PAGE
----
I used to watch Queen Anne at court, she was most beautiful woman there. All the ladies marvelled at her. Her dresses and jewels. Her dancing and her music. Her wit and her laughter. We were in awe of our Queen. Today I watched her die.

She arrived on Tower Hill escorted by Mr Kingston. Her delayed executioner, from Calais, was waiting on the scaffold. Gracefully she climbed the few steps to the timber platform and calmly observed the scene before her. She could not look at the executioner for long and the sword that would end her life was nowhere to be seen. Instead she turned to her ladies, spoke privately to them and left final gifts with a few.

“Good Christian people,”

She turned and spoke. The small crowd fell silent, we were transfixed by the delicate figure in front of us. Her voice did not waiver and she gazed back at us. Her eyes were as black as the damask dress she was wearing.

“I am come hither to die, for according to the law and by the law I am judged to die, and therefore I will speak nothing against it.”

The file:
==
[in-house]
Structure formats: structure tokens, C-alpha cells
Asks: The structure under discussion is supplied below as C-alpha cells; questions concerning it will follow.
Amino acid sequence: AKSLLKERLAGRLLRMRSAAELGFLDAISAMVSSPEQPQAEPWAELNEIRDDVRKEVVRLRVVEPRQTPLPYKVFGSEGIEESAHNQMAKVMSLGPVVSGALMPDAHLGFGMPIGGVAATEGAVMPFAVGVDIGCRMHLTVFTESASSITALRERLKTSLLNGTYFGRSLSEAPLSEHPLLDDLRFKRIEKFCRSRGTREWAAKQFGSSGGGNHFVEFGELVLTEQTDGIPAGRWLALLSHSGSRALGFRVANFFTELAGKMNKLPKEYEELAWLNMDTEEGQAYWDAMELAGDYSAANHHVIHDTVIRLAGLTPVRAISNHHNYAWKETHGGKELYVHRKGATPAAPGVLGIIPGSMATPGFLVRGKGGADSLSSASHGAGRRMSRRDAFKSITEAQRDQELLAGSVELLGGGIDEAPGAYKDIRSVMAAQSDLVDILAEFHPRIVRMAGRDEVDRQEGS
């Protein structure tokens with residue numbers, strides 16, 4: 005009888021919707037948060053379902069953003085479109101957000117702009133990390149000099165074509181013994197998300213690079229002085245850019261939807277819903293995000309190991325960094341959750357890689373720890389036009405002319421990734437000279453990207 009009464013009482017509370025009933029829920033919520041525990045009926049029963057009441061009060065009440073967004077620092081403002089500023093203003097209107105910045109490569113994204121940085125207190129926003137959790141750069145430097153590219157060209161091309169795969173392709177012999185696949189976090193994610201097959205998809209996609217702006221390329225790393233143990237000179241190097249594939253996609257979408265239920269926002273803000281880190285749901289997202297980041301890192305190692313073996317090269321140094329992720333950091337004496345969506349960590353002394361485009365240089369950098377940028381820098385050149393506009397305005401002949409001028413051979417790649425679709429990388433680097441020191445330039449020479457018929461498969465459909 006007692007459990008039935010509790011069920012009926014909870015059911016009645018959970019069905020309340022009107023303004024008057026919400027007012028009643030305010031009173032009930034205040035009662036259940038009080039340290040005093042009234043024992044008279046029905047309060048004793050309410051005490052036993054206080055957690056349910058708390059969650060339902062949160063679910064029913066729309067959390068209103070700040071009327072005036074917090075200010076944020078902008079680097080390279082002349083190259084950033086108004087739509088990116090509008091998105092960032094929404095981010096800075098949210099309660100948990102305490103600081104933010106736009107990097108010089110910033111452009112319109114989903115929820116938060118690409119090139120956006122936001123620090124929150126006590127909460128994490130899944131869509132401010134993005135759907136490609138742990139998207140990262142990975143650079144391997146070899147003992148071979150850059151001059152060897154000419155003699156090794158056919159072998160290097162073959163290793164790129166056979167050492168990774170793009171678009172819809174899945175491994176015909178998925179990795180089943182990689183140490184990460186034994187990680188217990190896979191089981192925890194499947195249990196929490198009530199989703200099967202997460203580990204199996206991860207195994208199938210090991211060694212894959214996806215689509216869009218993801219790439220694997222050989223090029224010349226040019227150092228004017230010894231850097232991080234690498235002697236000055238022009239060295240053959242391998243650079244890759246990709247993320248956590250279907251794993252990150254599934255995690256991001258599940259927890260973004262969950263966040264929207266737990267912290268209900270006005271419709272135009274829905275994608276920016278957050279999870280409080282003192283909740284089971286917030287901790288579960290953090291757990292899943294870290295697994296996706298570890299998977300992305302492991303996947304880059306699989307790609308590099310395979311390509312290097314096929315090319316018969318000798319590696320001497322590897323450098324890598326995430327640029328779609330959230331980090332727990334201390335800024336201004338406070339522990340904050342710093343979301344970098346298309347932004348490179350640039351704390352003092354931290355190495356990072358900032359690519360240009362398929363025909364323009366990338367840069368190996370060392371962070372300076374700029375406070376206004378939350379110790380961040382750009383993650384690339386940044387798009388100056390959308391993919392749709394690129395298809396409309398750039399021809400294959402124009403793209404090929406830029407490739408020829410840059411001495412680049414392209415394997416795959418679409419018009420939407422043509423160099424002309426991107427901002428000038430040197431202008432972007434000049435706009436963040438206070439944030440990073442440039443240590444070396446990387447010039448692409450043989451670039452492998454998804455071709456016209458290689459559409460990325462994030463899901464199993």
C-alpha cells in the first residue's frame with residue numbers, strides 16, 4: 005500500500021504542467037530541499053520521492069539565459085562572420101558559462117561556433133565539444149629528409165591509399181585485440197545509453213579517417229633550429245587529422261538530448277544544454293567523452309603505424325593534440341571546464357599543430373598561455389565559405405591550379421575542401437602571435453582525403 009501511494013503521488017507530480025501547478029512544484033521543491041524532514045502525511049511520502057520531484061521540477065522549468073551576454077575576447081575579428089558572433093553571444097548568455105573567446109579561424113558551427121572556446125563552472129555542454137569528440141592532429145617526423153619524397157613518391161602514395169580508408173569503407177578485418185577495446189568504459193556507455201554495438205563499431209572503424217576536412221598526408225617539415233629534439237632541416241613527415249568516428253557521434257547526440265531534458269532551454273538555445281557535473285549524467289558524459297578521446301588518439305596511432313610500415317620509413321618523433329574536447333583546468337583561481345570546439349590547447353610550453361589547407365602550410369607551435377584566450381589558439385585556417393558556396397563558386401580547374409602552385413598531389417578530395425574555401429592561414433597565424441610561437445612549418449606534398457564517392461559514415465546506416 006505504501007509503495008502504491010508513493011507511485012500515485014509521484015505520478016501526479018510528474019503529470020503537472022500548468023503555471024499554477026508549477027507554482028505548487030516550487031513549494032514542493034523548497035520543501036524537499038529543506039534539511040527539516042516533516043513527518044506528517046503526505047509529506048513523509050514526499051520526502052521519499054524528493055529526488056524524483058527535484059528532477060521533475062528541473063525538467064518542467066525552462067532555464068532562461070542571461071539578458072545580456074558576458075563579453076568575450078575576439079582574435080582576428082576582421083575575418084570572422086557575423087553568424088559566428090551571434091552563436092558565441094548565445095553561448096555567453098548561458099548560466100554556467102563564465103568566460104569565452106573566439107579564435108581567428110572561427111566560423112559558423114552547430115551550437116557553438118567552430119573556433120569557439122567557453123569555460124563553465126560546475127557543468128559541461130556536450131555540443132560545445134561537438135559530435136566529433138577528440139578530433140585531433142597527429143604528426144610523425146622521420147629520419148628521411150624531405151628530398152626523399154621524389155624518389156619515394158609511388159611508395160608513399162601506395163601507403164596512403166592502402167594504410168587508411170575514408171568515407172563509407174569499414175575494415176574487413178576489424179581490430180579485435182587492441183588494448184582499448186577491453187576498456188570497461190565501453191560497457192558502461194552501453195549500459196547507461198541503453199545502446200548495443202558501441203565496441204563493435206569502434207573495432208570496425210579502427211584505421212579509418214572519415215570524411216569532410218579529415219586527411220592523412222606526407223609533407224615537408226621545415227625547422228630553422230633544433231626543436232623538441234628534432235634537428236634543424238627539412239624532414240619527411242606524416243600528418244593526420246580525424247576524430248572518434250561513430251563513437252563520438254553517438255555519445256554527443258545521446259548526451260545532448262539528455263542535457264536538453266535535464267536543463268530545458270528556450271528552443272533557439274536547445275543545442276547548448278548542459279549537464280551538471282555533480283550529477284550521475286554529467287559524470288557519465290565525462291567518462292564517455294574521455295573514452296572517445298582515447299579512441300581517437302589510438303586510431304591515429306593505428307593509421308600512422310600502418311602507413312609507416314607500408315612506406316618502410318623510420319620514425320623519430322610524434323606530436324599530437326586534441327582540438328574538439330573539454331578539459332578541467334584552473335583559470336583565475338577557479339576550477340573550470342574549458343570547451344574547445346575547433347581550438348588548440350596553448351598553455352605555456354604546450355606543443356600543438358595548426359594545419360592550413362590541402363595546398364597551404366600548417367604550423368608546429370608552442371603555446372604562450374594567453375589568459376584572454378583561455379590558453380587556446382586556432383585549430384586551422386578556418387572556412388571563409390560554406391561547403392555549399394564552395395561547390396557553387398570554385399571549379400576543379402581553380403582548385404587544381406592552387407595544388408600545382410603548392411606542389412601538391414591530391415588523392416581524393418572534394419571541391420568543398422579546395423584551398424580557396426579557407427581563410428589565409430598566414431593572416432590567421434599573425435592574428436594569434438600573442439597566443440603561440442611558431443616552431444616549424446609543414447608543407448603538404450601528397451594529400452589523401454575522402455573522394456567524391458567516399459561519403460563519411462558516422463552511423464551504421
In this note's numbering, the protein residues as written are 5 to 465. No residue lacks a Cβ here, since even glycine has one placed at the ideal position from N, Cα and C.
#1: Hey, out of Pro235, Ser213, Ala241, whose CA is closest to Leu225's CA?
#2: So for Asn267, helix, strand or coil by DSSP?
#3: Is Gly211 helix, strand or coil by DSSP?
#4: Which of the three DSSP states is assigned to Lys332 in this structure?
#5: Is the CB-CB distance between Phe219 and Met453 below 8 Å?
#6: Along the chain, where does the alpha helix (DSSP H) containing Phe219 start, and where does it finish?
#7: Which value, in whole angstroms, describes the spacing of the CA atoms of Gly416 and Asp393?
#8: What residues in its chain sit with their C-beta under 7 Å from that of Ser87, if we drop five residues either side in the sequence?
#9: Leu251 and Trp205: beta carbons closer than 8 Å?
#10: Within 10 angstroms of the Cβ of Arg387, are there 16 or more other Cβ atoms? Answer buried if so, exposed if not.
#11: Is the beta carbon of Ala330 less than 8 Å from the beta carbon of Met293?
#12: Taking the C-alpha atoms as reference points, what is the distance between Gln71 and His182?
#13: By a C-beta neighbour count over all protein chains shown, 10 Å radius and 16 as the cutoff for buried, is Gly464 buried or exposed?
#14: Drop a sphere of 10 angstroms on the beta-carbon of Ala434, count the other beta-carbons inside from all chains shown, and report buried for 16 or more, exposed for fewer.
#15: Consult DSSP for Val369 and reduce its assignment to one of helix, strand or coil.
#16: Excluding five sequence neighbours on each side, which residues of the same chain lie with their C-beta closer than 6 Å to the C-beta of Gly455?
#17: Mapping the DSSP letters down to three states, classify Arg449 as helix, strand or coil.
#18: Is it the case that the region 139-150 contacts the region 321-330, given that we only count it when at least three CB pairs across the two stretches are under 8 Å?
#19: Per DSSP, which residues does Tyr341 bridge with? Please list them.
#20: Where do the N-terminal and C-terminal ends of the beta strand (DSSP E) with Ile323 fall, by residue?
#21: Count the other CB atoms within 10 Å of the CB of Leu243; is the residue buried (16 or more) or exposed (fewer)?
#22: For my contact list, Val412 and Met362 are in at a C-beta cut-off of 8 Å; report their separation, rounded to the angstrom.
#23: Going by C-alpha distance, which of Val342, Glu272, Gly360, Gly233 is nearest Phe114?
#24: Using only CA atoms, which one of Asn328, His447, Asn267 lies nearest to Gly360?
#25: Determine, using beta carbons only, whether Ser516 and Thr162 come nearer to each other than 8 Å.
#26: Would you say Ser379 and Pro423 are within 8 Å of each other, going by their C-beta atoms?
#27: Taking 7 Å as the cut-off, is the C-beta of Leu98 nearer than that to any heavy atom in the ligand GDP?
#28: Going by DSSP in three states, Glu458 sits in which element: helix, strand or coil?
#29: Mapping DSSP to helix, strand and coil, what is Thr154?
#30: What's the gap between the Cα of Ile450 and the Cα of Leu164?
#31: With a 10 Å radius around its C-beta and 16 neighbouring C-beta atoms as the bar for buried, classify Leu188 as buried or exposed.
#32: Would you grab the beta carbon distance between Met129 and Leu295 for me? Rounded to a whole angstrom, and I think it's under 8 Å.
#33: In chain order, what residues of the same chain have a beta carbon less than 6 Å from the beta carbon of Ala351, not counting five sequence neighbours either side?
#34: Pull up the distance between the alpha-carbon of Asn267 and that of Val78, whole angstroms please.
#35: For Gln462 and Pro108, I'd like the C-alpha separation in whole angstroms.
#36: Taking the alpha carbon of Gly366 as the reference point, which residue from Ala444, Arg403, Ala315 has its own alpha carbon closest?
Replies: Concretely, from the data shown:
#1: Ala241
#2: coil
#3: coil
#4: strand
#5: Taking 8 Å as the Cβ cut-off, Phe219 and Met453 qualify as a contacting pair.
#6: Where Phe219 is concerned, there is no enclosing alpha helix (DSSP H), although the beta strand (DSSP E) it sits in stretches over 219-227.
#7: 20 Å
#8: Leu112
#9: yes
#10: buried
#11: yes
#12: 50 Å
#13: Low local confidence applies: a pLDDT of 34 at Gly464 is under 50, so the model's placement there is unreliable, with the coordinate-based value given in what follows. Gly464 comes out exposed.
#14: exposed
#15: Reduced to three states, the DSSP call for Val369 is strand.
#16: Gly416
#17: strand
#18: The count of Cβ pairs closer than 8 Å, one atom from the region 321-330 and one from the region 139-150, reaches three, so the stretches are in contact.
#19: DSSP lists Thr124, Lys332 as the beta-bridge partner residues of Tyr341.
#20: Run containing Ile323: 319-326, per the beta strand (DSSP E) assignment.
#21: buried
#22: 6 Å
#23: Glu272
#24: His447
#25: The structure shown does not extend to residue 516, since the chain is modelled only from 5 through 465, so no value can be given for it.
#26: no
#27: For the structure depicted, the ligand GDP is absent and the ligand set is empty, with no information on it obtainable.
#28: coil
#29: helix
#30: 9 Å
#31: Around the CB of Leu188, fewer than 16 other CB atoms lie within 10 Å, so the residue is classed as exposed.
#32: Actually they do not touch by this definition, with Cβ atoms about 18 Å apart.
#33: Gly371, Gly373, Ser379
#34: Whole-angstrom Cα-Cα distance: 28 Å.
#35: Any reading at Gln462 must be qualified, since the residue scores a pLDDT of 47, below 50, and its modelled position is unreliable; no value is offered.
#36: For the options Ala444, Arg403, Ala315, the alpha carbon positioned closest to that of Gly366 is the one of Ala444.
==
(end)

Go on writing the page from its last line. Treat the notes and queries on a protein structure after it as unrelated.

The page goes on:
She was so brave and serene as she continued to speak. She showed no sorrow, no anger, just an acceptance of her unjust fate.

“I am come hither to accuse no man , nor to speak anything of that whereof I am accused and condemned to die.”

We all agreed her obedient dignity was her final gift to her daughter, the little Elizabeth, whose future seems so perilous now.

“But I pray God save the king and send him long reign over you for a gentler nor a merciful prince there was never. And to me he was ever a good, a gentle and sovereign lord.”

I could not understand how the Queen still had kind words for the husband that had deserted her. A King that had loved her for years but turned against her most cruelly. A husband that was far away from this sombre place, planning a new marriage to a new lady.

“Thus I take my leave of the world, and of you all, and I heartedly desire you all to pray for me. Lord have mercy on me, to God I commend my soul.”

Truly resigned, our beautiful Queen dropped to her knees. For the first time today, I saw fear in her eyes and we wept at the tragedy unfolding before us. The executioner called out across the scaffold so that she turned her little neck towards the stairs, and whilst the Queen was distracted, he snatched up his hidden sword and stuck her head from her body with one blow. His trickery; a gracious mercy.

I could not look upon the gruesome platform any longer. I choose not to remember that vision. I will remember watching my beautiful queen at court. Beloved by a King, by a Princess, by a court, by me.


  • Hall’s Chronicle (for Anne’s dialogue)
  • The Spanish Chronicle
  • The Queens of England – A.Strickland

By Hannah Biscombe